Self-catering holiday accommodation in West Yorkshire and the PenninesView all North Yorkshire self-catering cottages
West Yorkshire is dominated by two diametrically landscapes, the metropolitan Leeds-Bradford conurbation, and the South Pennines. Leeds was a centre for the wool and weaving industries in the 19th and early 20th centuries, and has recently been overhauled and rebranded. So welcome to 'the Knightsbridge of the North', a mecca for everyone who doesn't want to go to London for haute couture, and is becoming increasingly popular for a self-catering city break near Leeds, and the Victorian arcades make a beautiful setting for some retail therapy. Leeds, which was once driven by steam, now jumps to one of the biggest nightlife scenes in the country. The restaurants can serve any palate, from sushi and sashimi, via French and Italian, to Modern British and steaks so large they fall over the side of the plate. As you would expect there is a pub or bar for all tastes, and many are licensed to 2am. Leeds has two art galleries, but the most interesting by far is the Royal Armories, situated on the banks of the rive Aire. This was originally built as an overflow from the Tower of London, but has since expanded to cover over 3000 years' of fighting technology and has something for everyone in the family.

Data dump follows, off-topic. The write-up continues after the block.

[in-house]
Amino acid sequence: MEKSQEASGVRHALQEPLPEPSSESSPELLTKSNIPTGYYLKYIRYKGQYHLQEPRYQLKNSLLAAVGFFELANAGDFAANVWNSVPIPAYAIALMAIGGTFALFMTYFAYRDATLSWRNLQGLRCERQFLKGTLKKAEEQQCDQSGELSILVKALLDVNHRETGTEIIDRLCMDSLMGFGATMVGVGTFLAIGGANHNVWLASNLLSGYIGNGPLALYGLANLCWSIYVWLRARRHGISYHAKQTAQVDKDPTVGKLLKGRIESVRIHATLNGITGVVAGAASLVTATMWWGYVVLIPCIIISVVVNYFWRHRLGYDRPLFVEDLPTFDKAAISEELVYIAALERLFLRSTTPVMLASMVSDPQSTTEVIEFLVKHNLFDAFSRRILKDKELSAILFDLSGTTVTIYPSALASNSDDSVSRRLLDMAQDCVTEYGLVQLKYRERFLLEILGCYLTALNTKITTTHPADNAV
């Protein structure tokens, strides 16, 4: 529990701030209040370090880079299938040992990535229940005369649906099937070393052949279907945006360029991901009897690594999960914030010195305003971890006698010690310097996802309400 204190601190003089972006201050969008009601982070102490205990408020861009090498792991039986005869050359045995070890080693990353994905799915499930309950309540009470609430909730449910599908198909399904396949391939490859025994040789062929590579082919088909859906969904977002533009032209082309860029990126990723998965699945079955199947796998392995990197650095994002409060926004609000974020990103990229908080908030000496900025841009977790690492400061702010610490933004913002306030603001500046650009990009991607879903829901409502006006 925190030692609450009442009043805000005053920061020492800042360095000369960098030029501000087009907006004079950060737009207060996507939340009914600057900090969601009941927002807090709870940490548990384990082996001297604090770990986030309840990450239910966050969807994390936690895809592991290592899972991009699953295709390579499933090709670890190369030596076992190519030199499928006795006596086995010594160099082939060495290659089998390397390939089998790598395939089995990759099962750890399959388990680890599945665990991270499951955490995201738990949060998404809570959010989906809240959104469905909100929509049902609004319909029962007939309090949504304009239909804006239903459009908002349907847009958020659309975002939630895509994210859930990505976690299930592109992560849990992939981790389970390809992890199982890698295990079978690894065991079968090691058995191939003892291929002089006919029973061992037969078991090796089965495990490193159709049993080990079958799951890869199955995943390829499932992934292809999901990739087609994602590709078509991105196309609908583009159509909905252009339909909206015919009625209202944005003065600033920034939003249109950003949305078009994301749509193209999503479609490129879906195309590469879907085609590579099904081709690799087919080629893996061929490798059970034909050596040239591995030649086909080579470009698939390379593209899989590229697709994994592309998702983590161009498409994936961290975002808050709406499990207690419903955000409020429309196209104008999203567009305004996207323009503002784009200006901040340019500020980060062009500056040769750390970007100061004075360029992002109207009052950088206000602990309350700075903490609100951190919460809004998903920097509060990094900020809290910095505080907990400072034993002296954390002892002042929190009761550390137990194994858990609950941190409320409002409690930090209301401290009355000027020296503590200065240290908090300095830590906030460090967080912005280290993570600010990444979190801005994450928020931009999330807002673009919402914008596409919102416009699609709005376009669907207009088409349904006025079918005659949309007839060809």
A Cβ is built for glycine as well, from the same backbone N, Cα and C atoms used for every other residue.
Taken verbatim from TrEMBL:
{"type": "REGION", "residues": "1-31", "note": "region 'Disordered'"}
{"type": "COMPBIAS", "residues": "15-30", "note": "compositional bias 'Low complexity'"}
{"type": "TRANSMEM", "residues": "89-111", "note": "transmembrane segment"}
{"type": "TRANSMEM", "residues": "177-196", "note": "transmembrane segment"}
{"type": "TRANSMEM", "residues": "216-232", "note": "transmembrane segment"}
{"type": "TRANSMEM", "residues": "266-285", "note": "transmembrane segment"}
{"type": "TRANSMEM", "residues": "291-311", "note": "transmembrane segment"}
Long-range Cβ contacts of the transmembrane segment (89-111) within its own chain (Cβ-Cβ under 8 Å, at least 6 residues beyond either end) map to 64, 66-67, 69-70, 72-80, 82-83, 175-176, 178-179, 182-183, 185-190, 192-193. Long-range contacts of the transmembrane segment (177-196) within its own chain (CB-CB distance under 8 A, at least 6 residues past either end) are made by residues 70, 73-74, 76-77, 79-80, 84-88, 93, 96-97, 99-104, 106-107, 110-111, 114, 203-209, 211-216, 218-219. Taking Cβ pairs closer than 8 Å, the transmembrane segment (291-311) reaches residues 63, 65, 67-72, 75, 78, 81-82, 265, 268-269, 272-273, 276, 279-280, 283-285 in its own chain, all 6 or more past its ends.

Bradford is only 9 miles west of Leeds and has a thriving Bangladeshi/Pakistani community and at the end of June they hold a colourful celebration of Asian dance and music. The Colour Museum is a little visited place, which tells the story of the town's history in the wool-dying trade, and has an excellent section on colour perception so you can tell how colour-blind you really are. Bradford is a honey-pot for curry lovers and to help you make your choice the Bradford Curry Guide has a web site.
On the outskirts of Bradford is the model village of Saltire, built by the Victorian philanthropist, and teetotaler, Titus Salt. There are rows of neat cottages beneath what was once the largest factory in the world and Salt spared no expense on his employees, with one exception; he refused to build them a pub. The vast factory, now Salt's Mill, has a permanent exhibition by the area's favorite son, David Hockney.